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These accounts of Lauer’s behavior at NBC are the result of a two-month investigation by has talked to three women who identified themselves as victims of sexual harassment by Lauer, and their stories have been corroborated by friends or colleagues that they told at the time.They have asked for now to remain unnamed, fearing professional repercussions.His office was in a secluded space, and he had a button under his desk that allowed him to lock his door from the inside without getting up. It allowed him to welcome female employees and initiate inappropriate contact while knowing nobody could walk in on him, according to two women who were sexually harassed by Lauer.

“They protected the s— out of Matt Lauer.” they were conflicted about what to do around Lauer.

They worried that their careers would be sidelined if they didn’t return his advances.

As the co-host of NBC’s “Today,” Matt Lauer once gave a colleague a sex toy as a present.

It included an explicit note about how he wanted to use it on her, which left her mortified.

The employee met with human resources at NBC on Monday night.

In a statement, NBC News Chairman Andy Lack called this the first complaint about Lauer’s behavior in more than 20 years and acknowledged that it may not be the last: “We were also presented with reason to believe that this may not have been an isolated incident,” Lack said.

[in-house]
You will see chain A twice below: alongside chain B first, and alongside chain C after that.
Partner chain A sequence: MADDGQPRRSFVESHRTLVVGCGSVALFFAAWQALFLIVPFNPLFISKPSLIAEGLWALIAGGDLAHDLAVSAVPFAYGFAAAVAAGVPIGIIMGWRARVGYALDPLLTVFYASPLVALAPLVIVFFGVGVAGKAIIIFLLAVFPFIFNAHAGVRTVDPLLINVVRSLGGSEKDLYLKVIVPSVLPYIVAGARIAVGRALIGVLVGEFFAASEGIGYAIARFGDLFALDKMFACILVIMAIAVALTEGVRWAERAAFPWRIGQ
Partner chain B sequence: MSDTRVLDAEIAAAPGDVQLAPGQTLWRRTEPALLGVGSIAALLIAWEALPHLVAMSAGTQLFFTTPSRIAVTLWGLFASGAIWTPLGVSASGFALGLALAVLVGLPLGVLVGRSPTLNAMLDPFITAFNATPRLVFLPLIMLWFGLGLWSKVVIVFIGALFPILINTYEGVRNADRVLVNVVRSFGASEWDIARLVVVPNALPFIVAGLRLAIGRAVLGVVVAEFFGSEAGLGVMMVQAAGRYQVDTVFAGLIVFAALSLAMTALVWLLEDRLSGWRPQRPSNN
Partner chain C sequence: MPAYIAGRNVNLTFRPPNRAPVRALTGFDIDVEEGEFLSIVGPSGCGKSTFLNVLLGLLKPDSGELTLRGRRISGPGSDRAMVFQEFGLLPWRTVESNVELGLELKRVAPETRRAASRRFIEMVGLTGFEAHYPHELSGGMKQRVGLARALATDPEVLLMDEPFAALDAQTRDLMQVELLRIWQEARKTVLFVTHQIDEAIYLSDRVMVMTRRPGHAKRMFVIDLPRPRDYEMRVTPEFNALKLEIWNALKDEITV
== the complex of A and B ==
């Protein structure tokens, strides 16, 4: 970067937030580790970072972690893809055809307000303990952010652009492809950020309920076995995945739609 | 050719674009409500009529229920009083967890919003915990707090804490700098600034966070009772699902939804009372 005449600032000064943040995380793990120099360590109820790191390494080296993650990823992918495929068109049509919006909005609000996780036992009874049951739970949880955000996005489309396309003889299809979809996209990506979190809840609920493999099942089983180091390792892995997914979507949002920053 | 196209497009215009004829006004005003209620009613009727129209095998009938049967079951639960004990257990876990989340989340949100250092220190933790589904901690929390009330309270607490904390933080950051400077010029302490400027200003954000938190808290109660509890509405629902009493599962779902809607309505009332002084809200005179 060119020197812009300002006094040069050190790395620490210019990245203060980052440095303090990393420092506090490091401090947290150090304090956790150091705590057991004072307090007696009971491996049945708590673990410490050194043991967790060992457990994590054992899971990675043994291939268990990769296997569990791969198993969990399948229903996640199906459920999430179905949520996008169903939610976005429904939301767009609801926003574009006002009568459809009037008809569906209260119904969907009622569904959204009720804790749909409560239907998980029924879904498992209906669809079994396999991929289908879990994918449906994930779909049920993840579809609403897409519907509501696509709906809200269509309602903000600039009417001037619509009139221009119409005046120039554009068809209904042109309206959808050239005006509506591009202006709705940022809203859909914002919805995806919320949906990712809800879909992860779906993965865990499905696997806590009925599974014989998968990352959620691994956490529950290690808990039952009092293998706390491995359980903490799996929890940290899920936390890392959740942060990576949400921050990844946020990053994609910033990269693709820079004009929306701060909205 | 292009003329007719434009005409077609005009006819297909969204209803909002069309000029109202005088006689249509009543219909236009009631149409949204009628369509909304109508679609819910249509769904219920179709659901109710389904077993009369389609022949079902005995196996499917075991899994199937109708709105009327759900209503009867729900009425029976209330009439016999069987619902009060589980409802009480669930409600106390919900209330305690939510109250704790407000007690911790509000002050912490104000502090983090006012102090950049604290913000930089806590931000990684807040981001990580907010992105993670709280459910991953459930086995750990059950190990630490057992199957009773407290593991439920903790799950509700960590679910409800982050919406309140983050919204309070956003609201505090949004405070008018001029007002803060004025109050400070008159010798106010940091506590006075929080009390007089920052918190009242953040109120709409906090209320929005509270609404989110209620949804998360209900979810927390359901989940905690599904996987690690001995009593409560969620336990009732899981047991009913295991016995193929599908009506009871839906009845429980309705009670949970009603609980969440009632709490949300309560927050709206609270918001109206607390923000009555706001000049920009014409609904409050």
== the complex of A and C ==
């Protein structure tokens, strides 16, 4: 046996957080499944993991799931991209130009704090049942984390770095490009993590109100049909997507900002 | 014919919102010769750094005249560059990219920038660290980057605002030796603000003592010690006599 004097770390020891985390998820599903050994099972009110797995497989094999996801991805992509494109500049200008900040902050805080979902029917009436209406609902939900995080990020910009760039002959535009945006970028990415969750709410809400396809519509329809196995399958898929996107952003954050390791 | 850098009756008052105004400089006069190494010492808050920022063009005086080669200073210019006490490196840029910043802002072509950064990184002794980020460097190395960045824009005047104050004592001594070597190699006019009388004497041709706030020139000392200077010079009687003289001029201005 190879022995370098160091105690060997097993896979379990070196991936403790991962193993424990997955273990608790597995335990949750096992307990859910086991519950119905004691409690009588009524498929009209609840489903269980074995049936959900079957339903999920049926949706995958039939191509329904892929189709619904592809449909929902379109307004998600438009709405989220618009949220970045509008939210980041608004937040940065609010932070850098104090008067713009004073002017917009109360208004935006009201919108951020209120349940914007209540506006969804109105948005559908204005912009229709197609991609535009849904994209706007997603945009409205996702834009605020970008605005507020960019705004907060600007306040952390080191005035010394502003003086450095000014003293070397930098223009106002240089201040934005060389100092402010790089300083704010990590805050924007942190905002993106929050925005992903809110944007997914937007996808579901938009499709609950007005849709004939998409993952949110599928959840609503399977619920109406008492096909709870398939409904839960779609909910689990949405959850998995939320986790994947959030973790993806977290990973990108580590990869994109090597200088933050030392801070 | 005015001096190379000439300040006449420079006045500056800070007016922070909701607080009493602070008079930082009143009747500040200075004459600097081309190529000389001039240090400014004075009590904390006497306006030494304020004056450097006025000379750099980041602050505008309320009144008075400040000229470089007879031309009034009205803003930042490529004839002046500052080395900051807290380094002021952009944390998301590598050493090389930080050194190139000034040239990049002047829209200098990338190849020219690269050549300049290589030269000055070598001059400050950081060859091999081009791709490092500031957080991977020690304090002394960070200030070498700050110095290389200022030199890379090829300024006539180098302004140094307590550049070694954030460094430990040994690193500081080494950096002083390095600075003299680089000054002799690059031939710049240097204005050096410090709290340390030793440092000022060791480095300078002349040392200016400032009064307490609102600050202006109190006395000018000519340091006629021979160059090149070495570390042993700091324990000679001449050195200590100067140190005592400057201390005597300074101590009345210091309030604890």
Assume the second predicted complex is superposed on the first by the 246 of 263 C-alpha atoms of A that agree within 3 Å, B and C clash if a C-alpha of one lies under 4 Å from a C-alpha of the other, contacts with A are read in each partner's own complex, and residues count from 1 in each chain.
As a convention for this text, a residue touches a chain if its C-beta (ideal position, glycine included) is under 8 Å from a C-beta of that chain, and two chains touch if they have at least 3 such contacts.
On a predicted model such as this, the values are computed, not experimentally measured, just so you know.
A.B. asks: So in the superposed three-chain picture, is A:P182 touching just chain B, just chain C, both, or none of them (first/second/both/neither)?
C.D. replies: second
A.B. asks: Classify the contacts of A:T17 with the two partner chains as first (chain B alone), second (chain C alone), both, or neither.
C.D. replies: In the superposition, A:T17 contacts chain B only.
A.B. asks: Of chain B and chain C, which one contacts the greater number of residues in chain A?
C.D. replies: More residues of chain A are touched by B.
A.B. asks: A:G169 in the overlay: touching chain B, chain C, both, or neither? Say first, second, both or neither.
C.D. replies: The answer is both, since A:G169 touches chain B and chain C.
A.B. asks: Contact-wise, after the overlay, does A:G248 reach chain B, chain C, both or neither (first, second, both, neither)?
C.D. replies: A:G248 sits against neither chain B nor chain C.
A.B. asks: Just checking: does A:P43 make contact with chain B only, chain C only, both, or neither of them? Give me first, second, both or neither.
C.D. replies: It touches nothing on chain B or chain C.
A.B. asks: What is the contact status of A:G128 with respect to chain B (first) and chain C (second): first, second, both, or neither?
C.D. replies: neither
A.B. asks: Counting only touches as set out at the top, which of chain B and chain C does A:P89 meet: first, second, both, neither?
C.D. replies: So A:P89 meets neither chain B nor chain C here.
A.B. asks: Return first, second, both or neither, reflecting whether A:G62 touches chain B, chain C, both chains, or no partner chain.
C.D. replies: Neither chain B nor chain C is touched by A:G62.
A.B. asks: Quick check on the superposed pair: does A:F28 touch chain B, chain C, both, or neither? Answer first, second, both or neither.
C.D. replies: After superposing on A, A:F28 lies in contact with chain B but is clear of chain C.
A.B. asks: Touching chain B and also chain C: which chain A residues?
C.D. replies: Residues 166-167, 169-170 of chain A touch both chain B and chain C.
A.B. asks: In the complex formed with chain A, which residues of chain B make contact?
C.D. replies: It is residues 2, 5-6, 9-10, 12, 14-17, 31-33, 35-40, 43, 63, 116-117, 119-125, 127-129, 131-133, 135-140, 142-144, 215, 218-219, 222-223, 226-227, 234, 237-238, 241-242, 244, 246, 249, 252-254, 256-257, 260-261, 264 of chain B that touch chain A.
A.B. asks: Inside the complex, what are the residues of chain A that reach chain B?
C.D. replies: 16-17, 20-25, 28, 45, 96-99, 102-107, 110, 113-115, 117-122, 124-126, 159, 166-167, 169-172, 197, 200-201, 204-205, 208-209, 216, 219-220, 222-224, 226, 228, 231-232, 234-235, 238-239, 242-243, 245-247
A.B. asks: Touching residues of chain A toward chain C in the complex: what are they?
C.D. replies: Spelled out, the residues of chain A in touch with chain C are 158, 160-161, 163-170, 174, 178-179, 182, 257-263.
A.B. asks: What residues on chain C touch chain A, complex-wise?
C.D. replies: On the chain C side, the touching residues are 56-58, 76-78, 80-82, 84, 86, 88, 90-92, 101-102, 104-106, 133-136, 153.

He later told colleagues how his wife had accompanied him to the London Olympics because she didn’t trust him to travel alone.

The spotlight on Lauer intensified earlier this month, when his longtime booker Matt Zimmerman was fired over sexual harassment complaints.

Several women told they complained to executives at the network about Lauer’s behavior, which fell on deaf ears given the lucrative advertising surrounding “Today.” NBC declined to comment.

For most of Lauer’s tenure at “Today,” the morning news show was No.

He was just really cruel.” According to producers, Lauer — who had considerable editorial clout over which stories would ultimately air on “Today” — would frequently dismiss stories about cheating husbands.

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